“Judge not, and you shall not be judged. Condemn not, and you shall not be condemned. Forgive, and you will be forgiven. Give, and it will be given to you” (Luke 6:37-38 NKJV).
Matthew’s parallel adds, “For with what judgment you judge, you will be judged; and with the measure you use, it will be measured back to you” (chapter 7:2). This is perhaps one of the most sobering statements of Jesus. Yet we rarely pause to internalize it.
We often take it to mean that if we do not judge others, others will not judge us, but that misses Jesus’ point entirely. It’s not others who will not judge us; it’s not others who will not condemn us or forgive us; rather, it is God. You mean how God will judge me, condemn me, and even forgive me depends on how I treat others? According to Jesus, the answer is yes.
So, how do you want to be judged by God? If we desire God’s mercy, we must show mercy to others. If we do not want Him to condemn us, then we cannot condemn others. If we want Him to forgive us, then we must forgive. “Forgive, and you will be forgiven.” And, if we want Him to give, we must generously give to others.
Jesus understood that between God and us stands another. In the manner we want God to act and treat us, we must behave to another as we would to ourselves. In fact, for Him, we demonstrate our love of God and obedience to Him by how we love others. “With the measure you use, it will be measured back to you.”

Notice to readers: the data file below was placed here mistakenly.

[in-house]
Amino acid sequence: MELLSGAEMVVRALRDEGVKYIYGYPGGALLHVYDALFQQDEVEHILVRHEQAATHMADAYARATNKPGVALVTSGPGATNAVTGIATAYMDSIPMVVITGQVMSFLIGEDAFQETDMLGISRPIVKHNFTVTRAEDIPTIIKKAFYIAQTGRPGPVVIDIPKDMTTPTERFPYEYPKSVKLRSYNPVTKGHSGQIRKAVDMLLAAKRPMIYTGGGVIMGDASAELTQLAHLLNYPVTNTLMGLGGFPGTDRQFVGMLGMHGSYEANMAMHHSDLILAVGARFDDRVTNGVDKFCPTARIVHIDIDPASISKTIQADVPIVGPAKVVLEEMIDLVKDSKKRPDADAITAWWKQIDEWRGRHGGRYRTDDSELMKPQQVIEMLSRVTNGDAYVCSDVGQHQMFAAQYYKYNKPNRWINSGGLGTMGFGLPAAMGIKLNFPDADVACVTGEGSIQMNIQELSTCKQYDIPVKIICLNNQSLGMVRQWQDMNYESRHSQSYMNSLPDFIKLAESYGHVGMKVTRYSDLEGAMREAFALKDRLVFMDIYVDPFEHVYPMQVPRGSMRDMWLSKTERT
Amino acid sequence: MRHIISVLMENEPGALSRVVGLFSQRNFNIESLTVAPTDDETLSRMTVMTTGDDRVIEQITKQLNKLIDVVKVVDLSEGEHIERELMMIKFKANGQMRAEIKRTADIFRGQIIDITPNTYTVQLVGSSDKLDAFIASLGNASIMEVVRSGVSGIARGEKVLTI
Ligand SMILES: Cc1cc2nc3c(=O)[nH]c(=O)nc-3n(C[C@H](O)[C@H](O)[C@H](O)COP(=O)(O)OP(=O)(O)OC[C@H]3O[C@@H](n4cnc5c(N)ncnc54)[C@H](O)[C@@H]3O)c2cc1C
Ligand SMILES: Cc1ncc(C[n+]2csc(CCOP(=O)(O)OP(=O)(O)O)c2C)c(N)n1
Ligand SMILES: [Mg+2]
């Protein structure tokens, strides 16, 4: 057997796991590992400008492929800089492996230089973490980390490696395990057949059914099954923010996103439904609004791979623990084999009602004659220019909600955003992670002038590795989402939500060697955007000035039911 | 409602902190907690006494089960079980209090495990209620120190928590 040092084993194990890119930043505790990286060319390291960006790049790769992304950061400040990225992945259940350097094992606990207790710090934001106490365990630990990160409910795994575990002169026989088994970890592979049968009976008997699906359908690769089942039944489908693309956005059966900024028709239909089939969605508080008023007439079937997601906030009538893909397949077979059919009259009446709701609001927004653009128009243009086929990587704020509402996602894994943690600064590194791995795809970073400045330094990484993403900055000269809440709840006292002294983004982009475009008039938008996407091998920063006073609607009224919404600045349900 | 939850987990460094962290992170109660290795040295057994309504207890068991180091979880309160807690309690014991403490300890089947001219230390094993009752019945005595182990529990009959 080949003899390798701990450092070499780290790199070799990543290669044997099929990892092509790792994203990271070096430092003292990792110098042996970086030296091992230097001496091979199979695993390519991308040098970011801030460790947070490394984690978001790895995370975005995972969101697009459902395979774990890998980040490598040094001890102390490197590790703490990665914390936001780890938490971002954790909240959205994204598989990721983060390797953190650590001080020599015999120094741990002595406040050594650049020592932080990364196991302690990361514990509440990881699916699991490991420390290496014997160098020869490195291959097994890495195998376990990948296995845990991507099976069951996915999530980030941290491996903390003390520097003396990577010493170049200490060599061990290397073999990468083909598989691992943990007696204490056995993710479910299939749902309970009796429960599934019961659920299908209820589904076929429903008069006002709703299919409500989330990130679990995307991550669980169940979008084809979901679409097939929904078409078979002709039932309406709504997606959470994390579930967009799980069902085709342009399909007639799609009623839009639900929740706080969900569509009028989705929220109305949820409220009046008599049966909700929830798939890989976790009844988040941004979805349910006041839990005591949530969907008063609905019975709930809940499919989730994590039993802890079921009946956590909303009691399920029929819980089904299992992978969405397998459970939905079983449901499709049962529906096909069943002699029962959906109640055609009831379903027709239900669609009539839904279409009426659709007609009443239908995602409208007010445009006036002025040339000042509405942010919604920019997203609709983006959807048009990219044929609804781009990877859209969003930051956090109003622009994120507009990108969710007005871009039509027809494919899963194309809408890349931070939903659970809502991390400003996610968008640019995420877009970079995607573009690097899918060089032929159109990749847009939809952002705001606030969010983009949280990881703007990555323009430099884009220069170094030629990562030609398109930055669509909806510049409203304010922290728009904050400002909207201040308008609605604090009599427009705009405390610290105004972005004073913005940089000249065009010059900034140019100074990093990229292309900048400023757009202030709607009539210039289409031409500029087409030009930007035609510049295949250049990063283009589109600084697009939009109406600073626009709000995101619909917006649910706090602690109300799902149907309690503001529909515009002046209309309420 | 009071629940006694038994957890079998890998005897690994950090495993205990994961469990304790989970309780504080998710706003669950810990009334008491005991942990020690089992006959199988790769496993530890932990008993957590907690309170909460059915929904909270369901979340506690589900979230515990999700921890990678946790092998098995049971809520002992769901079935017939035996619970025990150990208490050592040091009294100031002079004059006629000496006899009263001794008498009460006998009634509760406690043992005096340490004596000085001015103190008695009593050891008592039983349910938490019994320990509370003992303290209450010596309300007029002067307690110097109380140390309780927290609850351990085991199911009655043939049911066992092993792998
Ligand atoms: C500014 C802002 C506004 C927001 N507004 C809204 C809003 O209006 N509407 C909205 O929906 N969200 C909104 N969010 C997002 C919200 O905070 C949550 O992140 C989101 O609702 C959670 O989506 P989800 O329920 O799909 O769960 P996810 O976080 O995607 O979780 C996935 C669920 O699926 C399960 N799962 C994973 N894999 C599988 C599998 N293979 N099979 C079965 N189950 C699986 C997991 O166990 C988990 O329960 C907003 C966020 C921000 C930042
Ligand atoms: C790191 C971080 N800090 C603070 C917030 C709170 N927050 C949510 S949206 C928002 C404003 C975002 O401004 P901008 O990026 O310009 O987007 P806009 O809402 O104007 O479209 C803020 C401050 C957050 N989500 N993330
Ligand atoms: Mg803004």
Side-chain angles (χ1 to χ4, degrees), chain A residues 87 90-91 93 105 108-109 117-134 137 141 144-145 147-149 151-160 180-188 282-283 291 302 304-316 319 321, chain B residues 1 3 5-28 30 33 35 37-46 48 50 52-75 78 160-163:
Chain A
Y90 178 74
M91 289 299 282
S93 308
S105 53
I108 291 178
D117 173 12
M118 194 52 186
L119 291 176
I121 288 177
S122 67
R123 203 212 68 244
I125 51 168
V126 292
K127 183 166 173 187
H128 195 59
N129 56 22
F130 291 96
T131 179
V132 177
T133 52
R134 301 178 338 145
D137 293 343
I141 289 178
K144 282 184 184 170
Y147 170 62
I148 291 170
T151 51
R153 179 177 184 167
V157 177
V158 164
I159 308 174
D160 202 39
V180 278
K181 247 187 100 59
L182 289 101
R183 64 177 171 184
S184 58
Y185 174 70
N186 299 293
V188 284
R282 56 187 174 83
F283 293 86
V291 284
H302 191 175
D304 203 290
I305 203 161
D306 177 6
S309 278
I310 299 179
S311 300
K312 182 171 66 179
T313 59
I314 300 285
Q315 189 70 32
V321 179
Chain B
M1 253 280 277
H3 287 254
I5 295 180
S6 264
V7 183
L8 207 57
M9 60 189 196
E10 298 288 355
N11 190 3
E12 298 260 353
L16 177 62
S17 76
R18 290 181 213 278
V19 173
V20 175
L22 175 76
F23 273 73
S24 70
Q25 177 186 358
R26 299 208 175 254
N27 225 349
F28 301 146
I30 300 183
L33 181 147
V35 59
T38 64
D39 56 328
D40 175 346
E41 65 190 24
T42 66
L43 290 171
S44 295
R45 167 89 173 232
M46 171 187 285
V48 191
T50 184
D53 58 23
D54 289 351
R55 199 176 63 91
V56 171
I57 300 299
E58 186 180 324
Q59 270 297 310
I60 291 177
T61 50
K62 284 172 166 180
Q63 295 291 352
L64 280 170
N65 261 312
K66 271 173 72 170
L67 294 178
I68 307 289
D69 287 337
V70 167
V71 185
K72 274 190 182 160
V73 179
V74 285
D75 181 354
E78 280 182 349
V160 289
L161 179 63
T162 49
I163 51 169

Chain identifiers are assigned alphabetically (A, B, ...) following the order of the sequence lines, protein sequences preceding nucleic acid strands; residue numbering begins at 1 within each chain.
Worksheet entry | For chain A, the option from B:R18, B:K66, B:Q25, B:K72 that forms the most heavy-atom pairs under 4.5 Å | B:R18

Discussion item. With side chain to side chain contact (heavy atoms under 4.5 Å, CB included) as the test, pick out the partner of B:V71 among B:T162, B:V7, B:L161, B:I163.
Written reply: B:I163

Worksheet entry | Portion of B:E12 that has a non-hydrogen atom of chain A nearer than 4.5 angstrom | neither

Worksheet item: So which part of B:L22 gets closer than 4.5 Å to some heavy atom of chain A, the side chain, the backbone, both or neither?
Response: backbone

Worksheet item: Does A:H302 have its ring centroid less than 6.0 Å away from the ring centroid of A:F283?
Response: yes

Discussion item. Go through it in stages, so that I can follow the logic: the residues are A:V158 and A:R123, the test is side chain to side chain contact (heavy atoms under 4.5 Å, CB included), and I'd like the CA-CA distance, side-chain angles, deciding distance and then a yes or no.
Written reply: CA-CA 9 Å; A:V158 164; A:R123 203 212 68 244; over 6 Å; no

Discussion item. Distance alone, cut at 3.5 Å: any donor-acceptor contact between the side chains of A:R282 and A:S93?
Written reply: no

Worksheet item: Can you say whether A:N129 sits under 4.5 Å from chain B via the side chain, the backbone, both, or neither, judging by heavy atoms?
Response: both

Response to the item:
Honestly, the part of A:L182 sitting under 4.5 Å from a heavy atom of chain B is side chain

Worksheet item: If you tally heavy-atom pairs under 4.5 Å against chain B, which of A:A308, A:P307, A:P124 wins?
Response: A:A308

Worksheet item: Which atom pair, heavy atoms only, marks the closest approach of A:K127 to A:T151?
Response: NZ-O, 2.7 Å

How different would our world look if we took this startling statement of Jesus’ to heart? How would we relate differently to our families? In our workplaces? To strangers? Foreigners? Enemies?
If we treated others in the same way that we want God to treat us, what testimony would we demonstrate to a world filled with anger, bitterness, judgment, condemnation, and unforgiveness?
We often water down the impact of Jesus’ words. We need to let them hit us anew—and afresh. How do I want God to judge me? Then I must judge others in the same manner.
We all hope for God to show us mercy, so let us show mercy to others. When we hear Jesus and truly internalize His words, His challenging message rings just as relevant for us today as it did to His listeners 2,000 years ago. Be merciful as your Father in heaven is merciful.
Father, forgive us for judging and condemning others without kindness and mercy. God, we need Your mercy; let us therefore show mercy toward others like ourselves. Amen.